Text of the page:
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September 22, 2007

Clark Island to Bellingham!!


Day 89
10 nautical miles

This is it, the bittersweet last day!! Just a regular morning today: alarm goes off at 6:30am, pack the tent, cook breakfast, sip coffee, take down the tarp, jump into the drysuits, carry the gear down the beach, carry the boats down the beach, pack the boats, a quick stretch, and we’re paddling. Mostly sunny with a little traffic in the channel over to Lummi Island. A slow moving tanker with two tugs passes by just as we’re shoving off the beach. We look both ways, smile at each other and dig in to cross our last shipping lane at slack and in good time. It would be a shame to get run over this close to home.

Rounding the north end of Lummi we enter Hale Passage as the flood tide is beginning to push north. Combined with a headwind funneling through the pass we’re slowed to a crawl. It looks like we’ll have to pull hard all the way home, no coasting today.

A flooding tide means that we’re able to get over the “portage” on the north end of Portage Island by paddling through the shallows and this puts us into the water of Bellingham Bay. Native gillnetters are out and about hauling nets and motoring around.

We take a break on Portage, break out the binocs and survey the Bay. Bellingham Bay is notorious for rough, steep waves when the wind is southerly. Today is no exception and Becky and I carefully evaluate the whitecaps speckling the last 4 miles of our expedition. We scan the shore of our home town too, taking in the well-known landmarks: Sehome Hill, the Fairhaven Drydock, the GP site, kites flying at Zuanich Park, clusters of masts in the Squalicum Marina, planes flying overhead making a bee-line for the airport on the bluffs that line the NE edge of the bay. It is all at once familiar and foreign.

In just a few short days Becky and I will be out of our boats and tucked into an outbound flight from that very airport, headed south to our wintery summer in Antarctica. It is nothing short of surreal to contemplate paddling these final 4 miles out of 1300 into that town in the distance where our friends are waiting. We linger on Portage Island, soaking up our last bits of solitary simplicity and savoring the anticipation of reconnecting with friends and family after a three month absence. Only four more miles!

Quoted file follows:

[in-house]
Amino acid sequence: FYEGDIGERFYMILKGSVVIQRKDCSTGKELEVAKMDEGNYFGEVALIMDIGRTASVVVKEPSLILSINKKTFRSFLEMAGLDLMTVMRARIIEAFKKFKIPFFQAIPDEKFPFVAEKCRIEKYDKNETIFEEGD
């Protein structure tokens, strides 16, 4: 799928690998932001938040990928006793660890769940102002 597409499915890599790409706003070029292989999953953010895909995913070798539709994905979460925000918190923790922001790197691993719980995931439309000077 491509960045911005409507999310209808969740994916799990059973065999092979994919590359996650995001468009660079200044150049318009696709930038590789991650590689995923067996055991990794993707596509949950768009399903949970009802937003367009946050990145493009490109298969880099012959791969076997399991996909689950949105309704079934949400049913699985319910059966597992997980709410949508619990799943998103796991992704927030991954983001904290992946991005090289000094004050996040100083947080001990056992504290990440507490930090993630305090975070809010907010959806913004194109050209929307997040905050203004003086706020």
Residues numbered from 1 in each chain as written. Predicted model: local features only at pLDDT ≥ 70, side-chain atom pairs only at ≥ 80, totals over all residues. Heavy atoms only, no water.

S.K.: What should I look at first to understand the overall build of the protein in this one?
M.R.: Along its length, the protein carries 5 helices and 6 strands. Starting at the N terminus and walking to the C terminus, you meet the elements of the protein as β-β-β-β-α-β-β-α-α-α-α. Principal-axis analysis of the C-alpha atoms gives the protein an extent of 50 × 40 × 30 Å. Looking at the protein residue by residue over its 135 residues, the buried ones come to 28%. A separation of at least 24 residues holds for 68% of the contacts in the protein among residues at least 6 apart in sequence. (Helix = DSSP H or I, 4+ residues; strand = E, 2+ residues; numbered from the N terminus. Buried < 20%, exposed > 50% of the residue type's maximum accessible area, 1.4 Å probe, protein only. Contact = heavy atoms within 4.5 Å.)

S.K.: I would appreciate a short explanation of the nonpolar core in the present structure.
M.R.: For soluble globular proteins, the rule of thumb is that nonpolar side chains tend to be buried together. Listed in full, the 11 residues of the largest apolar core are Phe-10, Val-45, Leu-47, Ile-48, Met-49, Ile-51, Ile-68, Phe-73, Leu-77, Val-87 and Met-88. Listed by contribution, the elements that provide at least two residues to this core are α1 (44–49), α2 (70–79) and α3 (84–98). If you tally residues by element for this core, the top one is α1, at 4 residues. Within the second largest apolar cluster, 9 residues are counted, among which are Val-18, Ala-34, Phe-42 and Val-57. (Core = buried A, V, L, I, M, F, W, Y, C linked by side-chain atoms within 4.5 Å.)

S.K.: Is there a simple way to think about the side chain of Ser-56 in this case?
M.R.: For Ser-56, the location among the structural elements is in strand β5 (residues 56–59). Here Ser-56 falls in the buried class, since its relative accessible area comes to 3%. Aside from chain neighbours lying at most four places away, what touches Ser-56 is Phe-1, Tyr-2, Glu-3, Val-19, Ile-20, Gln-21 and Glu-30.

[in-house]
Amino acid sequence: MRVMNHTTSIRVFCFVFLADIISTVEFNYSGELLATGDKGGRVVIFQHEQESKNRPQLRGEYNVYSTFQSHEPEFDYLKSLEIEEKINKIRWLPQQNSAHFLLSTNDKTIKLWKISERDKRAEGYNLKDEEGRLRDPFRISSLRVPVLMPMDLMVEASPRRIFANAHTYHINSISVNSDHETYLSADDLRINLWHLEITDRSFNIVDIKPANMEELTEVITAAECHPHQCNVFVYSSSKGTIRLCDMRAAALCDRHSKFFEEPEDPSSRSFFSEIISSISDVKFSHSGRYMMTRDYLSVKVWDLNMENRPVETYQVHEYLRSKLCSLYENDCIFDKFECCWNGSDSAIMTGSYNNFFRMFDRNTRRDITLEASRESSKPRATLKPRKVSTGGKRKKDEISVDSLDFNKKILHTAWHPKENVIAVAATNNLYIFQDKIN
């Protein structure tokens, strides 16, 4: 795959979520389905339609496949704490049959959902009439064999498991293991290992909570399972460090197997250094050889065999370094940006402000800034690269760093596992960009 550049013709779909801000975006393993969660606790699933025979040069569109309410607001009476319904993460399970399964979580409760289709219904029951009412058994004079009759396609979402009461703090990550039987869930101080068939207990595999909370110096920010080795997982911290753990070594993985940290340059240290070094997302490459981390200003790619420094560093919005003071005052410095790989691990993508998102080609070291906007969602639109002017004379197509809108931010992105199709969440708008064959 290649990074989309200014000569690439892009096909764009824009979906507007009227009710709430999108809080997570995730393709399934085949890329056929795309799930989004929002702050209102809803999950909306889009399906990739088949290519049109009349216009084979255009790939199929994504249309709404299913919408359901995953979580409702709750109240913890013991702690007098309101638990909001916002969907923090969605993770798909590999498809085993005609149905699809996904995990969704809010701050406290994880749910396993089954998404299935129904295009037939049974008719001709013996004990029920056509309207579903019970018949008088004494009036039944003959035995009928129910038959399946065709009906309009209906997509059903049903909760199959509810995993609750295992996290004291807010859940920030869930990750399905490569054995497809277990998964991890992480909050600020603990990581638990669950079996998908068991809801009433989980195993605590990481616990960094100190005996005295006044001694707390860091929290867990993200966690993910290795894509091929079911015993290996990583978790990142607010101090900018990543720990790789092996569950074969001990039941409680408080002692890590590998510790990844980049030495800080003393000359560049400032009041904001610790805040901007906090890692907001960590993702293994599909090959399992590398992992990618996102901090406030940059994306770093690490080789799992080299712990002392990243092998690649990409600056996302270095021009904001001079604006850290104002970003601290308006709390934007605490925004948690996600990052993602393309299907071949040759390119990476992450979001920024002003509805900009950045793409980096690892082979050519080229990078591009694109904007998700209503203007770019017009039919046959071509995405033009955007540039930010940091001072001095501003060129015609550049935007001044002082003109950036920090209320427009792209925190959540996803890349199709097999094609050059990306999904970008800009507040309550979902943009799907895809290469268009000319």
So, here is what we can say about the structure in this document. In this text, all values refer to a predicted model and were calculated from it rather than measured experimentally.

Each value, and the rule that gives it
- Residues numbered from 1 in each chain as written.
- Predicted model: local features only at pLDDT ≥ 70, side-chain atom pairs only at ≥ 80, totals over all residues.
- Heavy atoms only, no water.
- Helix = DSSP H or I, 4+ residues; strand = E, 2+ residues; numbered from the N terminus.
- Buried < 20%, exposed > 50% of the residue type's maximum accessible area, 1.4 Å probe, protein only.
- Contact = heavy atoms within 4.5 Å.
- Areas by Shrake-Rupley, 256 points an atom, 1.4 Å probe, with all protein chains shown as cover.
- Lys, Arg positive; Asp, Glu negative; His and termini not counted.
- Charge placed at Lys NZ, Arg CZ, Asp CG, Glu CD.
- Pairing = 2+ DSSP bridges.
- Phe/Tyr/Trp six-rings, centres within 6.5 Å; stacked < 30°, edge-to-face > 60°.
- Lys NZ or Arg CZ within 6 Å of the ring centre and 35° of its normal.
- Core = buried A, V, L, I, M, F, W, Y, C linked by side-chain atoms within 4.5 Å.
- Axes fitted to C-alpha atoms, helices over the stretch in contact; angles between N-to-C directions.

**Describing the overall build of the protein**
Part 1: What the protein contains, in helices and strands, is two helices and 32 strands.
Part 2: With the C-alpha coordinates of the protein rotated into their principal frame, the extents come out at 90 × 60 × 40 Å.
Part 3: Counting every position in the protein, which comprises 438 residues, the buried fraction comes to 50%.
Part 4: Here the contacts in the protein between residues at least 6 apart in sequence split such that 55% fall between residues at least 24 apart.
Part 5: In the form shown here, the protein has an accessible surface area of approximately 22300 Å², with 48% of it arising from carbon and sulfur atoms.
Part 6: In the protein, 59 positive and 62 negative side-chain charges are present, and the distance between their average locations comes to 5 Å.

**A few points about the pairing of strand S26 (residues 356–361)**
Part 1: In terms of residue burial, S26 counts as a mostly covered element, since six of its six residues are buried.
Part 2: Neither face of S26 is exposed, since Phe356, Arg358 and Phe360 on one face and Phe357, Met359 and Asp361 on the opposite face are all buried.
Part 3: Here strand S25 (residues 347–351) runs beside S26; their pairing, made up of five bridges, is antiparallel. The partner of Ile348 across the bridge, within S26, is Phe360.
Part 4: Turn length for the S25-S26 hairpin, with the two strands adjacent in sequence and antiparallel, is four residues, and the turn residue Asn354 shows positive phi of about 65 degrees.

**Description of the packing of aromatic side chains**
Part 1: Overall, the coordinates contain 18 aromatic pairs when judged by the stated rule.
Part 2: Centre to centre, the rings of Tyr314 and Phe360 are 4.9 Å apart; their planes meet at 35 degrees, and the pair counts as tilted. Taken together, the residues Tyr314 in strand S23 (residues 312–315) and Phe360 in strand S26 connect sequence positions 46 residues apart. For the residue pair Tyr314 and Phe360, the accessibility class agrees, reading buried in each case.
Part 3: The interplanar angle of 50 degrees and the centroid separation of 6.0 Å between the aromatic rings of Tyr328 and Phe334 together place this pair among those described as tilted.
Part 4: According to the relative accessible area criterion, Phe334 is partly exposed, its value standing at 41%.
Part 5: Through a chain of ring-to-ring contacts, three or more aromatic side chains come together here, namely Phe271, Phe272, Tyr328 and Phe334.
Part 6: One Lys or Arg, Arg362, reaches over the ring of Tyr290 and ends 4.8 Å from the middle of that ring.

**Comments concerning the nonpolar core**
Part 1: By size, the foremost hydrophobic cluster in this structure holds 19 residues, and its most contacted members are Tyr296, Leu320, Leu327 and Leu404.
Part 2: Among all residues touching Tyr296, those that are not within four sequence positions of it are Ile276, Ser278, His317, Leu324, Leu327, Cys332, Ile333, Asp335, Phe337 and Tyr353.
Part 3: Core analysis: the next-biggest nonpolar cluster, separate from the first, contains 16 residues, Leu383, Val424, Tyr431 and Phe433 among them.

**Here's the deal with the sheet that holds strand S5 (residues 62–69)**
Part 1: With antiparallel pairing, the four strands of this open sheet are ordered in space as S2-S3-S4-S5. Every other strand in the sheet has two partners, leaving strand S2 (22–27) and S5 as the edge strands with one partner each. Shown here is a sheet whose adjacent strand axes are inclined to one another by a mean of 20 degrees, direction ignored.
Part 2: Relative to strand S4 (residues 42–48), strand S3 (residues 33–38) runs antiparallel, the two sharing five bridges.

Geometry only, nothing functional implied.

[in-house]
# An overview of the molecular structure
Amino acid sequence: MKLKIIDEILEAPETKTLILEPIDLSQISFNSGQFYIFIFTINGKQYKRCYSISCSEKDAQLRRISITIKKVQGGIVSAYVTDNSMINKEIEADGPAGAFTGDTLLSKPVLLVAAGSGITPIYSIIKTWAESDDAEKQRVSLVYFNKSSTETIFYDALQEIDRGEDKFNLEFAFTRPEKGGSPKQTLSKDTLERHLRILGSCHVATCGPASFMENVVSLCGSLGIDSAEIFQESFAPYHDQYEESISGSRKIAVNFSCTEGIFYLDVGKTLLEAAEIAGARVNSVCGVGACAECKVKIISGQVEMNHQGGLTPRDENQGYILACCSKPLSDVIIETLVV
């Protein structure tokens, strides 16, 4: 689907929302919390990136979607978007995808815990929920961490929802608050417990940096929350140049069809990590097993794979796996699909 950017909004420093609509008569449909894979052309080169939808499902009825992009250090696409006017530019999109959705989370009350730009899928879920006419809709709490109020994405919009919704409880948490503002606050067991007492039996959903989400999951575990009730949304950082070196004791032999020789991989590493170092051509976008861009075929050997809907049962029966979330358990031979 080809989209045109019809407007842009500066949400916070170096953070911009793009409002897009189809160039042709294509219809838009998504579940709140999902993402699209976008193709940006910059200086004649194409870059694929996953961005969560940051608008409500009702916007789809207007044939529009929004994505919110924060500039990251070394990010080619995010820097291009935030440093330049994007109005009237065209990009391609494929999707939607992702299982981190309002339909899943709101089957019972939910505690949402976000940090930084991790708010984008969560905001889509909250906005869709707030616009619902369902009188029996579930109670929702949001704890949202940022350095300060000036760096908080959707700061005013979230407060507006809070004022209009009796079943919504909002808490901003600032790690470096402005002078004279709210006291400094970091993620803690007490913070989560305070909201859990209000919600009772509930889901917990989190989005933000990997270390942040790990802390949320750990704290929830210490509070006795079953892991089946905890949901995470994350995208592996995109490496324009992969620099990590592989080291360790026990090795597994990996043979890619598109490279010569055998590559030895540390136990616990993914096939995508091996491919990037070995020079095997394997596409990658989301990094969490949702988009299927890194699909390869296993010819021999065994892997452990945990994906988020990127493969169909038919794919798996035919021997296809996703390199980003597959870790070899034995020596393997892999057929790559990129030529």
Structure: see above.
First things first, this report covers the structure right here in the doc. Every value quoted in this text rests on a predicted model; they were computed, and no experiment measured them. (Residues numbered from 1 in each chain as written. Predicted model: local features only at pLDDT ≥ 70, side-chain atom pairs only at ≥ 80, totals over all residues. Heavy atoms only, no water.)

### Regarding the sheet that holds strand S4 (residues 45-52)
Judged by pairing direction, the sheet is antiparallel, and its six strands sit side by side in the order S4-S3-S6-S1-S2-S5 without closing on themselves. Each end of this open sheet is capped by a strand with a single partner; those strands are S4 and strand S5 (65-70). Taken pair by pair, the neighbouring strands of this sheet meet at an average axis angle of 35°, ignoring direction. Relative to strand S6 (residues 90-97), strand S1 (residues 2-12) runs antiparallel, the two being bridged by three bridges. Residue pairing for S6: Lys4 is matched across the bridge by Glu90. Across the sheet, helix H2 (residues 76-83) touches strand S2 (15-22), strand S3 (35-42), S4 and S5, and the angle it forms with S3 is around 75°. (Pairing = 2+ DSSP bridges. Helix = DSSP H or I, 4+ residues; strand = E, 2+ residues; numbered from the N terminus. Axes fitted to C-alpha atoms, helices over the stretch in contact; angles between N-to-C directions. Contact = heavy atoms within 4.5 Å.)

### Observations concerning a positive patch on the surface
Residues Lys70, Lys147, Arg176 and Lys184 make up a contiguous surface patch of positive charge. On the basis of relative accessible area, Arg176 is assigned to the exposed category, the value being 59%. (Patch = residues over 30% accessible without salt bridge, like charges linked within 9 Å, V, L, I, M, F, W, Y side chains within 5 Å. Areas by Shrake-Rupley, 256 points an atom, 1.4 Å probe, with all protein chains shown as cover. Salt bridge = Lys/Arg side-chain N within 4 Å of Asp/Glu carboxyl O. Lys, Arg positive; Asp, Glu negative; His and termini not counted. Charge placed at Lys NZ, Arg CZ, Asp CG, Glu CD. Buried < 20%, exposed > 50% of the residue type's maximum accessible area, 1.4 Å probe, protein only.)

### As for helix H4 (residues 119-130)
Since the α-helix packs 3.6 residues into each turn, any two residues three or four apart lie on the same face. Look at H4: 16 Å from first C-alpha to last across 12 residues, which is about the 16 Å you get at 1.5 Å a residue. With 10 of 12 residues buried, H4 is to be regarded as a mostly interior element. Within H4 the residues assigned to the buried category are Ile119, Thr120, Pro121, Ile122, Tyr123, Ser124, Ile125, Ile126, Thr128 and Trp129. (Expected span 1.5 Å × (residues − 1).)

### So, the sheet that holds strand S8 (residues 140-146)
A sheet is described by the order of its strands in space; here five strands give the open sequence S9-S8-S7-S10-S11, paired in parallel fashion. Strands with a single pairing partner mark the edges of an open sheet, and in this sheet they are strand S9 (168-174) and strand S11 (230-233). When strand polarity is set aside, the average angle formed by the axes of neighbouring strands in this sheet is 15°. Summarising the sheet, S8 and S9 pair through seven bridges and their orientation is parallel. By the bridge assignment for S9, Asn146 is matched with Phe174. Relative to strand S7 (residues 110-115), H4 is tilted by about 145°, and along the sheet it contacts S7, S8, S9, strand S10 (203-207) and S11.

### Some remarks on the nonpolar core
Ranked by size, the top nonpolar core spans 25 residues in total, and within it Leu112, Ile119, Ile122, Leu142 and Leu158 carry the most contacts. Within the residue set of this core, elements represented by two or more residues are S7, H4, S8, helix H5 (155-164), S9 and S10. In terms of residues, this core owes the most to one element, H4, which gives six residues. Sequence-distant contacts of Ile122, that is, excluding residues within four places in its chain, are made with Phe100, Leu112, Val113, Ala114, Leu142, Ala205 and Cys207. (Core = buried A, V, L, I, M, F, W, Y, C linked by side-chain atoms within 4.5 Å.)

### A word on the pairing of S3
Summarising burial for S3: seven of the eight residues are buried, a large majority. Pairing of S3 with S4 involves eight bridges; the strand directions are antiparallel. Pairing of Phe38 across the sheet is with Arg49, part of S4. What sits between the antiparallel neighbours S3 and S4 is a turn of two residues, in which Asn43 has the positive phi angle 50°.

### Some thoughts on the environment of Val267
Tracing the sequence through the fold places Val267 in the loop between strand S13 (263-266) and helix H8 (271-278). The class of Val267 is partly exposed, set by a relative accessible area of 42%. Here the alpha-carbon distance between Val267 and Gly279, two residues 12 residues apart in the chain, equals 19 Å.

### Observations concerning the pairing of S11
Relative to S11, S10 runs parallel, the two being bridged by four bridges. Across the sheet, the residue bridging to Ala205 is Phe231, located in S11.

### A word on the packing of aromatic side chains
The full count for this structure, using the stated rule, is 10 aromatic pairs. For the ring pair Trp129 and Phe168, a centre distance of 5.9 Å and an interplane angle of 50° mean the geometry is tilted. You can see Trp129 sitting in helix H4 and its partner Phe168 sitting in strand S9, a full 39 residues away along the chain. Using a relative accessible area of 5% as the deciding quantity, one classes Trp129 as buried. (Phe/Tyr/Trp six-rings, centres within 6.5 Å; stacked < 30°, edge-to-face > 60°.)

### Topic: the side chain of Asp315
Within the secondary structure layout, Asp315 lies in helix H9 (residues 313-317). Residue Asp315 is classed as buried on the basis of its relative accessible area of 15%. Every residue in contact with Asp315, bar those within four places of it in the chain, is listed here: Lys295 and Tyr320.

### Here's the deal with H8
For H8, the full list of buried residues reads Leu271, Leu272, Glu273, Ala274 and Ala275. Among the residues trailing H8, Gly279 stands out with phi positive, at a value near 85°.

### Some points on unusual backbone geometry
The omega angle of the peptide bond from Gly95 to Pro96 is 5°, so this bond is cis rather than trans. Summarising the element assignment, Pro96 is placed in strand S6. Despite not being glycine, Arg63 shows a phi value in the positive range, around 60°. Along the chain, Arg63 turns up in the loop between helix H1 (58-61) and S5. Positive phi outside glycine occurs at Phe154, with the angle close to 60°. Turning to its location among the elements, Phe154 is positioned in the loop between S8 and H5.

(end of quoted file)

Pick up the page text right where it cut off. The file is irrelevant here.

Our break is rewarded with diminishing winds. When we finally push off Portage and aim for Fairhaven the whitecaps have all but disappeared. We’re able to shoot straight across the bay with only the occasional powerboat to worry about. Ever so slowly the landmarks grow to full size and the waterfront comes into sharp view.

Near the Taylor Street dock we meet the city shoreline and turn to follow the pedestrian walkway towards Boulevard Park. The day has turned sunny and folks are out in force enjoying the last bits of sun before the rains of winter set in.

Becky and I paddle around the dock at the north end of the park and there on the beach are our friends Mary Marie, Emmelina, and Lisiana!! When we catch sight of each other everyone begins cheering and hollering. Our boats glide the last few feet and connect with the beach side-by-side. We’re home. Hugs all around, excited chatter, treats from the picnic basket, questions bouncing back and forth, and more hugs. Becky and I embrace and string out our prayer flags for the obligatory “summit” photo. We look and feel like deer in the headlights! That evening Mary Marie hosts a party in our honor and we’re showered with more congratulations. Lisiana even created a 15’ welcome home banner for us! It is a surreal ending to an unforgettable experience that has expanded our horizons and strengthened our partnership.